I’m used to having history get mangled in the newspapers, goodness knows the People’s Daily does it all the time, but this piece in the New York Times by IHT art editor Souren Melikian probably deserves a special award of some kind.
At the height of its maximum extension around the first or second century A.D., the Chinese empire ruled by the Han dynasty nominally controlled the area. Many centuries later, the Mongols overran Uighur lands in the course of their conquests, which embraced territories stretching from the borders of present-day Poland in the west to the Pacific shores of China and included the Middle East. But the great Song dynasty, under which Chinese culture rose to an apex around the 11th or 12th century, showed no interest in such undertakings. Neither did the Ming, who re-established Chinese unity after defeating the Mongol dynasty, who ruled China from 1279 to 1368.
Calling the Song the “apex of Chinese history,” especially from the perspective of an art historian, is a judgment call, but the Song were certainly not much of a military power. Hemmed in by a bevy of hostile groups and eventually overrun, the Song hardly had an opportunity to extend their control to Xinjiang. The Ming too, faced recurring problems on their western flank from the Mongols and were never in a position to stretch their authority westward. If the Ming could have they probably would have, but it was hardly an option at the time. Cue the Manchus.
Melikian is writing about a set of prints done in France at the behest of Qianlong commemorating the Qing conquest of Xinjiang. I admit it’s a curious case worth exploring. The larger argument about a flood of Western influence swamping the Chinese art tradition seems a bit overstated, but the prints themselves remain an interesting subject. What was the purpose of these prints? Why design them in the ‘Western’ fashion? Melikian looks for the answers, takes a big swing, and comes up with answers so daft I’d almost believe it was an elaborate April Fool’s joke on the China historical community except that nobody cares that much about the China historical community:
How the massive intrusion into China, not just of foreign motifs but of aesthetics fundamentally alien to her art, came to pass has never been seriously discussed.
One factor seems obvious. While born in China, Qianlong was not Chinese. A scion of the dynasty founded in the mid-17th century by the Manchu invaders, the emperor spoke Manchu to his close relatives, dressed like a Manchu and had the tastes of a Manchu prince, hunting included. Even though he was thoroughly at home in Chinese letters to the point of composing impeccable poems and producing passable calligraphy, Qianlong was a traveler through cultures. As an outsider, he looked at them and their conflicting art forms with equal curiosity.
Yes, Qianlong was a Manchu. He spoke Manchu and to a certain extent saw himself as an “outsider,” although he would probably have preferred the term “conqueror” had he thought about it all…BUT to then say that Qianlong’s Manchu identity would cause him to pursue a westernizing trend in palace art is just too big of a leap. I suspect the new interest in “Western motifs” was more due to increasing contact with the West, particularly in terms of trade, during the 60-odd years that Qianlong was on the throne. But hey…that’s just me.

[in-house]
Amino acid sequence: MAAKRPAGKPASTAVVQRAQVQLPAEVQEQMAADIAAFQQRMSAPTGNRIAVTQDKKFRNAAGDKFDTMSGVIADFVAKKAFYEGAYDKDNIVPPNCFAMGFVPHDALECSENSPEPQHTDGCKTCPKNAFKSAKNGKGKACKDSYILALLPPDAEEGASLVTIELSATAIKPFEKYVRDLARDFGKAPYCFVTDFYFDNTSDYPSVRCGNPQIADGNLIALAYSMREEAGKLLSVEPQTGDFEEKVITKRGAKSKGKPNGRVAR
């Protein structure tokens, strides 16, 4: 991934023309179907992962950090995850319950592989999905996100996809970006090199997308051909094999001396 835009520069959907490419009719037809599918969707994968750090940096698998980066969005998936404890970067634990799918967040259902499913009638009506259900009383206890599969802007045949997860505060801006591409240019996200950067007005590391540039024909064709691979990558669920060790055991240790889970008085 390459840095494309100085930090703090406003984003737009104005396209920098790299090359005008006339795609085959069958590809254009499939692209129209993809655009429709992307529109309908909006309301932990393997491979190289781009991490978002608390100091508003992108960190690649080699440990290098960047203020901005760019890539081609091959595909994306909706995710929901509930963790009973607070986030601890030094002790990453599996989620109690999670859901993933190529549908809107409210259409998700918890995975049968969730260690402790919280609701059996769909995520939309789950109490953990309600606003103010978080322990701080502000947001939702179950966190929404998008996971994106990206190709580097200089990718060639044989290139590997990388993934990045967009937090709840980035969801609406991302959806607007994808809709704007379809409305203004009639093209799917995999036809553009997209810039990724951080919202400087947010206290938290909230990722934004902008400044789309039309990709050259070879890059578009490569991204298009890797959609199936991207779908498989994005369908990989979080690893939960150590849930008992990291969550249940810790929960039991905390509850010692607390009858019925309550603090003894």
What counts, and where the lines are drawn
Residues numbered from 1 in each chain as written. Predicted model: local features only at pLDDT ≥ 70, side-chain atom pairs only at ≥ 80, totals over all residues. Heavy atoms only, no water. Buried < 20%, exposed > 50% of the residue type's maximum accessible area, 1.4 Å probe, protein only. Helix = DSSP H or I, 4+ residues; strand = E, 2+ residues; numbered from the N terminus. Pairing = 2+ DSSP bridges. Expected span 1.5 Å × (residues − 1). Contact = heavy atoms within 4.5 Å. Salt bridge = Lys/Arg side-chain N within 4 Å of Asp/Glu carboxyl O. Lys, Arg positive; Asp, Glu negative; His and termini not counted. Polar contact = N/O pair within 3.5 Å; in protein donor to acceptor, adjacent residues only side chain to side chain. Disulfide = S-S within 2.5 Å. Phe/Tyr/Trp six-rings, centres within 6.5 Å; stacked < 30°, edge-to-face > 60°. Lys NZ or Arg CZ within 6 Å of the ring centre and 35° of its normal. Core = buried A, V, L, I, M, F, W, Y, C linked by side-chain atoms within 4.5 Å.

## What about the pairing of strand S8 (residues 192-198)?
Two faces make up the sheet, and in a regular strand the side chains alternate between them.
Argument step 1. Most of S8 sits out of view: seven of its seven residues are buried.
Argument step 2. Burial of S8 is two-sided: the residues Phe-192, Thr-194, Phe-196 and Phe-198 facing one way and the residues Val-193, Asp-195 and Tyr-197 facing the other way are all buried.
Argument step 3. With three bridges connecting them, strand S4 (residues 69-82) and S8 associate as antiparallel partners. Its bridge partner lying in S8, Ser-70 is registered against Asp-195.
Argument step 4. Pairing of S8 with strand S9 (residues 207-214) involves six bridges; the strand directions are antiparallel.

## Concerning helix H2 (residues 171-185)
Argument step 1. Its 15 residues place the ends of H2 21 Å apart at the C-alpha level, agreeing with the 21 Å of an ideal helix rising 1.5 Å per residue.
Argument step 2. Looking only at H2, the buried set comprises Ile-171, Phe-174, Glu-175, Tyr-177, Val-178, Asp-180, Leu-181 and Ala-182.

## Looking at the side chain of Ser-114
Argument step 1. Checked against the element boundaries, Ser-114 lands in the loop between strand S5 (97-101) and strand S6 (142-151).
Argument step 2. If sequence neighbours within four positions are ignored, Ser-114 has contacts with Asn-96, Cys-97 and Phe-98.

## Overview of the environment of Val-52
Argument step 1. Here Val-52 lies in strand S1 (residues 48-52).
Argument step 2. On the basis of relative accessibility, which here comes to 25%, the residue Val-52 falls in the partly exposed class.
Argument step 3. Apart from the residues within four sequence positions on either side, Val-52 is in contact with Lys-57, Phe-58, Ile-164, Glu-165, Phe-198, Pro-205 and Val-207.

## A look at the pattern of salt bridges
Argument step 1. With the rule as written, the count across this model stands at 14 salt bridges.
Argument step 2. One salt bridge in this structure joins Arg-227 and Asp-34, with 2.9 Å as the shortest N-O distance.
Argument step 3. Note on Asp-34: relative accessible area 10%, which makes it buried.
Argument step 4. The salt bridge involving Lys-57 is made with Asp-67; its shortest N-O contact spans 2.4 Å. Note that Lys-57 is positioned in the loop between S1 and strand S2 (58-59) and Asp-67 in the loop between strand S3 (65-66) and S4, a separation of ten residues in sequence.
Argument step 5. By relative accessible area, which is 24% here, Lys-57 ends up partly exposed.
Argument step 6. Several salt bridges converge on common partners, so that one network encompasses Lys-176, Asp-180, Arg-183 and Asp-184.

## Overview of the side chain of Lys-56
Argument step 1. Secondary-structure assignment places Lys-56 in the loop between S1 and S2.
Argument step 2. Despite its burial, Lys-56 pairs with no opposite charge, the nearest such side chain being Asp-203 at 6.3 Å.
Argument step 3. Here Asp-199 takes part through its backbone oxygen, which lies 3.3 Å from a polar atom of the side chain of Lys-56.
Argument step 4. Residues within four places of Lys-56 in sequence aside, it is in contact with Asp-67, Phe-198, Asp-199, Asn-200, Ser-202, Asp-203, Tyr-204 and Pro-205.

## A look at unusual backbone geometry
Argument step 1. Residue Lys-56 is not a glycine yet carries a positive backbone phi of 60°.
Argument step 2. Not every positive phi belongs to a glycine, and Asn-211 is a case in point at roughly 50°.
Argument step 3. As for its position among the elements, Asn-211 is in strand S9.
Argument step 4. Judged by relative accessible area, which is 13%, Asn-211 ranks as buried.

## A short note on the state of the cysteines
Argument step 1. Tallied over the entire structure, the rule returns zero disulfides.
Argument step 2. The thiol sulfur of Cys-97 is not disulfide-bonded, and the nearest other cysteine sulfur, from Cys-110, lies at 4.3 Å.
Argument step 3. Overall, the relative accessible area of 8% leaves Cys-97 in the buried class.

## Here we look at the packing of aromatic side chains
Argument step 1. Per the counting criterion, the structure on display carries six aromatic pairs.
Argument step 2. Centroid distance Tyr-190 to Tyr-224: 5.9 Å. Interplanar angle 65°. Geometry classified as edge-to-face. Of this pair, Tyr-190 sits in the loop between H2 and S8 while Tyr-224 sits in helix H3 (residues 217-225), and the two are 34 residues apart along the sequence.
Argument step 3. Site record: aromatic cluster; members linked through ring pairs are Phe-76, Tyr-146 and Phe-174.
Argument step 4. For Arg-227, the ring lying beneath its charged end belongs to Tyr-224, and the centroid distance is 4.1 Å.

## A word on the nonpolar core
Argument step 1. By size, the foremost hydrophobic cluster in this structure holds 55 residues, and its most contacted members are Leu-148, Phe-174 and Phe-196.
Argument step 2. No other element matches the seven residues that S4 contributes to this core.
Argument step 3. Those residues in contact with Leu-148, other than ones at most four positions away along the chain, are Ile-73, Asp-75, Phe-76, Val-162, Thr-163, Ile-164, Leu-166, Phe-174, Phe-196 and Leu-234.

Qianlong, like many of the Manchu emperors, was a master at deploying culture through performance (especially in terms of ritual), patronage, and presentation but I’m not sure we can call him a “traveler through cultures.” Let’s just move on…
“The emperor’s foreign roots might even account for his conquering endeavor in Turkistan. Invading foreign lands is alien to the authentic Chinese tradition, molded by Confucianism, which does not hold the military in high esteem.
Ancient rivalries in the steppes and a taste for physical triumph inherited from his nomadic ancestry were perhaps the motivations behind Qianlong’s strange expedition that made so little political sense.”
We’ve had this debate before, and it depends a bit on what you mean by “invade foreign lands.” The expansion of the Han and Tang didn’t happen by accident (hey look, Han Wudi tripped and ended up with Southern China! What a guy!) and just because those territories are TODAY part of China doesn’t automatically mean that the people who were living there AT THE TIME welcomed in the armies of Han Wudi or Tang Xuanzong with open arms…but that’s not my main problem, it’s the essentializing of Confucianism, where a poorly understood factoid from the Confucian tradition is declared an inherent characteristic of all China at all times because, you know, Confucius was Chinese and, uh, the Chinese are real traditional, like. Especially the “authentic” Chinese. Sure there was a tendency to place “wen 文” over “wu 武” (particularly during the Song), but that doesn’t mean that previous Dynasties were pacifists and only the Manchus had the thirst for conquest because, you know, they were nomads from the steppe.
Except they weren’t. Manchus aren’t Mongols. The Mongols are roaming nomads of the steppe. The Manchus were primarily a hunting/farming people of the forest areas in what is today Northeastern China. And while they did have a taste for “physical triumph” and loved the hunt, this take on Manchu culture, especially the “ancient rivalries” bit, sounds better suited to the the beginning of a Conan comic book than serious historical analysis.
The story of the French prints is one worth exploring, and the article, almost in spite of itself, raises a number of interesting issues, but it’s going to take a better grasp of Qing Dynasty history to do this subject justice.